As for the best newspaper editors

These are ten I’ve personally learned from.

  1. Hugh Macdiarmid, city editor, Dayton Journal Herald: A Princeton alum and former young flash at the Washington Post, he brought his own flair to the Midwest in the mid-’60s. I remember him standing at his desk at the head of the newsroom, a twinkle in his eye and a cigar in his mouth, shirt-sleeves rolled up (a then-trendy striped shirt, not the bland starched white like those folks at the rival Daily News), as he barked out orders to someone at a far-back desk. He went on to prominence at the Detroit Free Press as a political columnist.
  2. Jim Milliken, his right-hand man: Even handed and patient, he was insistent on detail, clarity, and class. He also seemed to preside at the midnight gathering after work at any of several nearby bars.
  3. Harry Perrigo, copy desk chief, Binghamton (N.Y.) Press Herald:  A veteran of the Journal Herald before moving to Upstate New York, Harry usually had a pipe in his mouth and a cool regard for the headlines being submitted by the copy editors sitting at the horseshoe around him. If they passed, he put them in a small clear-plastic canister and then the vacuum tube that whisked them to the Linotype operators. He was a stickler for the accurate headline, including a host of arcane rules of what was and wasn’t acceptable, and he hated puns. Standards have really slipped since.
  4. Russ Warman, sports desk chief in Binghamton: His approach was cornier than I would have preferred, but he was a great guy in an otherwise dour workplace. Someone else wore the title of sports editor, but the actual job was essentially all his.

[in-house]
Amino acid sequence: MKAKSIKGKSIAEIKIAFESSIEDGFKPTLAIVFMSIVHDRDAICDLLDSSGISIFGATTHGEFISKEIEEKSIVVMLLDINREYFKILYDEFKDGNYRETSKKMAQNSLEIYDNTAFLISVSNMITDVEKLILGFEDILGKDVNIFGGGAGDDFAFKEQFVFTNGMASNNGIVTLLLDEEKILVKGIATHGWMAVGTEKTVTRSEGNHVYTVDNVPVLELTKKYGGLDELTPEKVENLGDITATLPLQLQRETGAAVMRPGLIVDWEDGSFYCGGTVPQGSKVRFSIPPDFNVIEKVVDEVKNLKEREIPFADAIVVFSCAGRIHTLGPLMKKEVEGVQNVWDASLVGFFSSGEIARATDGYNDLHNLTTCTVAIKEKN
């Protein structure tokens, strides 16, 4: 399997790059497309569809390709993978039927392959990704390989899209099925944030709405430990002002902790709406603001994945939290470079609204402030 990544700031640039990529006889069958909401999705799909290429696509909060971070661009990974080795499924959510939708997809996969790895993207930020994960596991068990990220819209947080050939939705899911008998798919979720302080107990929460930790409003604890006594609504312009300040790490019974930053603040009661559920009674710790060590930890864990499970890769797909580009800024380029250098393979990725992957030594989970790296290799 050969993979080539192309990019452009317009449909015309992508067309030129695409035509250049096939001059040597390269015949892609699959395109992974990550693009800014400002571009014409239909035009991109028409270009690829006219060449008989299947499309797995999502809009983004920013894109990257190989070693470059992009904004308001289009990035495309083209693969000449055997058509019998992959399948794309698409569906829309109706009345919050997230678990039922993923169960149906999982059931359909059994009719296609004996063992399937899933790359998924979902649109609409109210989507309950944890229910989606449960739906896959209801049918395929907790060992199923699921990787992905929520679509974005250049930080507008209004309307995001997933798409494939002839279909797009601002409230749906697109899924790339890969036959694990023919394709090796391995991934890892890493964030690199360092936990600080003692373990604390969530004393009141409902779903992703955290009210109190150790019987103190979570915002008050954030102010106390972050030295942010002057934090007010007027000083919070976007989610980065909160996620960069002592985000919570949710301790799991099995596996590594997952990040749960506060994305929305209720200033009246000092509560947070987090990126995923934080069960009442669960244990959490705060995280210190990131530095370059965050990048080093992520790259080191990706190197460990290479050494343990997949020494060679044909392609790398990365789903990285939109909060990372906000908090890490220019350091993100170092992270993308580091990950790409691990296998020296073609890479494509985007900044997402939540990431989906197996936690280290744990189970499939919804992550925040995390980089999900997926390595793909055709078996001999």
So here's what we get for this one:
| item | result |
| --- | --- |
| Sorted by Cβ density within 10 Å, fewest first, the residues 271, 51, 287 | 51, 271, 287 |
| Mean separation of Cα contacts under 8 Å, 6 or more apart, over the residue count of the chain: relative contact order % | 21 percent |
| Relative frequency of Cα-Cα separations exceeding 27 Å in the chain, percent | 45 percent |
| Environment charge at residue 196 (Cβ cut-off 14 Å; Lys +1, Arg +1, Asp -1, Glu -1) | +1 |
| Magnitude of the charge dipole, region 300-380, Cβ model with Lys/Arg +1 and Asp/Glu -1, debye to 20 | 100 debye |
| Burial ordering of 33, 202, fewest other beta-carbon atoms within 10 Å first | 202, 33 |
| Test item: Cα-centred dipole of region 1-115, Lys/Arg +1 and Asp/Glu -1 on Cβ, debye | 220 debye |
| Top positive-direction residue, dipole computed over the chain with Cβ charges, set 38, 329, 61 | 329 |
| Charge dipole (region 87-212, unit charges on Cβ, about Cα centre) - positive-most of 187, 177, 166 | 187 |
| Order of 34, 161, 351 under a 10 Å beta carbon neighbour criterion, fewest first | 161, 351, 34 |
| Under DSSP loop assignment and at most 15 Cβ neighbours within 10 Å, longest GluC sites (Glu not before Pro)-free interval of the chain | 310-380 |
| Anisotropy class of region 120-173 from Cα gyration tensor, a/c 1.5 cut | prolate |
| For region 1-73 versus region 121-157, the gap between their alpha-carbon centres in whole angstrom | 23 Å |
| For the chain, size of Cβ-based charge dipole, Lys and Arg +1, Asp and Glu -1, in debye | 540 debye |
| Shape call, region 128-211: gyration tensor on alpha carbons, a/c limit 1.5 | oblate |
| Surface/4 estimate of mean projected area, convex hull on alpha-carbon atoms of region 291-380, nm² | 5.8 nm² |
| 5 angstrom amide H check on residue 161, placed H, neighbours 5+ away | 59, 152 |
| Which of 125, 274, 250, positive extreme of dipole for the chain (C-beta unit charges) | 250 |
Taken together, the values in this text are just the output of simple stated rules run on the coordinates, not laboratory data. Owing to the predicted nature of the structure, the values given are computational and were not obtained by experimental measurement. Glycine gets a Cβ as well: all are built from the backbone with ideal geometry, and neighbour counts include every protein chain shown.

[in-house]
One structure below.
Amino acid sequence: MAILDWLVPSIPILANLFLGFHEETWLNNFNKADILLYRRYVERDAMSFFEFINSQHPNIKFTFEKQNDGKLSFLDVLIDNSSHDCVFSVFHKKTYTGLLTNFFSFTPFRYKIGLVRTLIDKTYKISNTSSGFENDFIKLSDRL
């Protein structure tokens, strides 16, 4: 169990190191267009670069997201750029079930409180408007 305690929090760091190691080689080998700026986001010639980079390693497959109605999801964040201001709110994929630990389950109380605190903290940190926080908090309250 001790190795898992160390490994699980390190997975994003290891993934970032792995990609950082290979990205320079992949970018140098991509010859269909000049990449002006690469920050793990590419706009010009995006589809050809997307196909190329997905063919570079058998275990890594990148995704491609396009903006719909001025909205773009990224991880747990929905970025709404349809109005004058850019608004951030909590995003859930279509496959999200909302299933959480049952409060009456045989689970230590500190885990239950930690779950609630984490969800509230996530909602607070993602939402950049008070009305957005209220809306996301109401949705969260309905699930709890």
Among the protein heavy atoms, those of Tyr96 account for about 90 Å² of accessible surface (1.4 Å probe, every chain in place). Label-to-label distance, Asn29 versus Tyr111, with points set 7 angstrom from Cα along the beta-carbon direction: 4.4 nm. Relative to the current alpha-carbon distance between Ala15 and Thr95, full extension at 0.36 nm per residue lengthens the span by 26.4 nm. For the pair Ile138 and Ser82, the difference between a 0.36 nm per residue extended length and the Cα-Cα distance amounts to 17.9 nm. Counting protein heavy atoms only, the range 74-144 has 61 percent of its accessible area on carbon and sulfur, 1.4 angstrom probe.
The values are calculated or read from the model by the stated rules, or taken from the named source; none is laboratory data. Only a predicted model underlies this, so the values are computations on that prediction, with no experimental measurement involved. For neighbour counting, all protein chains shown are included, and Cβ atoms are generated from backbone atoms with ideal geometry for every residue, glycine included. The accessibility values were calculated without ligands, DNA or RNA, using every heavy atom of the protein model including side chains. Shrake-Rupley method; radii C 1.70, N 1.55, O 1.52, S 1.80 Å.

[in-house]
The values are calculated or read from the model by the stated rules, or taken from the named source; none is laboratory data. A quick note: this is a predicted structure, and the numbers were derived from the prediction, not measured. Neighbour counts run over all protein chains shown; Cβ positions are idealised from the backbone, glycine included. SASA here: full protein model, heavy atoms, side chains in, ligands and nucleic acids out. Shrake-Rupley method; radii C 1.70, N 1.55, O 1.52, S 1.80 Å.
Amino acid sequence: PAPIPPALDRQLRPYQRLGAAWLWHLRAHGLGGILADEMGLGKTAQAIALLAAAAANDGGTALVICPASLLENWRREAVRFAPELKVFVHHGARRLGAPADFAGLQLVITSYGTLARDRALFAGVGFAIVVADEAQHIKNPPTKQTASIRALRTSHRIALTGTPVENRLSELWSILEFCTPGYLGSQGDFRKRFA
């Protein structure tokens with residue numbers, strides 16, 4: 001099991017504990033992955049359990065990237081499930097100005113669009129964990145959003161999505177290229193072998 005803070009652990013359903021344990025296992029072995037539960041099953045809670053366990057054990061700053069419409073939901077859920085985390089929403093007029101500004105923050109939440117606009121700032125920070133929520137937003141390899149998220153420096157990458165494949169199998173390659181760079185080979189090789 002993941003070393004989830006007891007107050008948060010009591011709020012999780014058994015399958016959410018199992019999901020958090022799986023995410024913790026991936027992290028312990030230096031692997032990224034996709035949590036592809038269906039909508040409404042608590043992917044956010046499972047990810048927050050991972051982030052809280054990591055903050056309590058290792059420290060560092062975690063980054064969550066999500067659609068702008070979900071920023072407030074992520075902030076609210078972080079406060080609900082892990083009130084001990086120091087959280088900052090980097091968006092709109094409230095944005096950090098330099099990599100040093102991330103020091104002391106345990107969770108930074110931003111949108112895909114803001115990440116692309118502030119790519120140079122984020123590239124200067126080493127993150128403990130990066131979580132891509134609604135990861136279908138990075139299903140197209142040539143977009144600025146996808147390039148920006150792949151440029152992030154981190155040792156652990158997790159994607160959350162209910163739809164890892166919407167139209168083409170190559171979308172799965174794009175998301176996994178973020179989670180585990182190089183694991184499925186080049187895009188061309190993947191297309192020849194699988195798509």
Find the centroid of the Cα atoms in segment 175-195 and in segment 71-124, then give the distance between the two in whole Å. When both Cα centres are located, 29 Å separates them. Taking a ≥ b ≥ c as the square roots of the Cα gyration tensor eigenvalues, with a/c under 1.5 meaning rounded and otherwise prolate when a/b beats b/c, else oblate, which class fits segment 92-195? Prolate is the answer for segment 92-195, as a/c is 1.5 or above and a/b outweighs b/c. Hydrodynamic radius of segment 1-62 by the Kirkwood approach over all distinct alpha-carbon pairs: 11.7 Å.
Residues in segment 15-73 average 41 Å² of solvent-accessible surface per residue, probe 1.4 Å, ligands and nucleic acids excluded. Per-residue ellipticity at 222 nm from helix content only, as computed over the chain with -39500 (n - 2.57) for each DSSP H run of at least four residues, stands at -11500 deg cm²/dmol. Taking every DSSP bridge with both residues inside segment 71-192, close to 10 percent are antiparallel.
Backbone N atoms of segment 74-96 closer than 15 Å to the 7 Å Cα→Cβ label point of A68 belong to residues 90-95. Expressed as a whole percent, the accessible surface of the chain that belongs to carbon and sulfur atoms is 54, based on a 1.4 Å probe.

5. Doc Bordner, editor, Fostoria (Ohio) Review-Tribune: Retired Army sergeant hunkered down in a small town with a skeleton staff to cover five counties. It was a tough assignment, and he had his nose to the ground. His periodic columns, run on the front page, were always lively and often controversial.
  6. Steve Kent, managing editor, Yakima (Washington) Herald Republic and then the Dubuque (Iowa) Telegraph: A former Associated Bureau chief, he believed in hiring talent and running with it. He certainly turned Yakima into a sterling newspaper before the company brought in a chief officer who seemed intent on scuttling everything. Coming across a photo of Steve the other day, I’m surprised how young he was – and we looked to him as our older, wiser guide!
  7. Bob Mellis, executive editor, Warren (Ohio) Tribune Chronicle: Again, I was in a situation where we were in pursuit of quality, and Bob brought with him a solid track record at some big papers. He had been the lifestyles editor at one, and he moved me over into that role and all of his expectations.
  8. Bernie Hunt, city editor, Warren: A lively sparkplug from northern England, he rode herd on a mostly young crew, often with a humorous twist. He also had a fondness for beer after hours, which added to his following.
  9. Peter Swanson, Sunday Editor, New Hampshire Sunday News: Quirky, sometimes cranky, he took an aggressive stance toward covering the Granite State in an unconventional way, whenever possible, sometimes even with flashes of brilliance.
  10. Sherry Wood, night editor, New Hampshire Union Leader: Nobody could rival her for her calm under pressure or the range of skills demanded in the position.


Looking back, let me add that all of them were in high-stress situations.

If we were looking at the top tier nationally, I’d have to name paragons at the New York Herald Tribune in its final years or some of the outstanding pros I called on during my stint at Tribune Media Services.


My latest round of revising my fiction has felt somehow different from my previous encounters.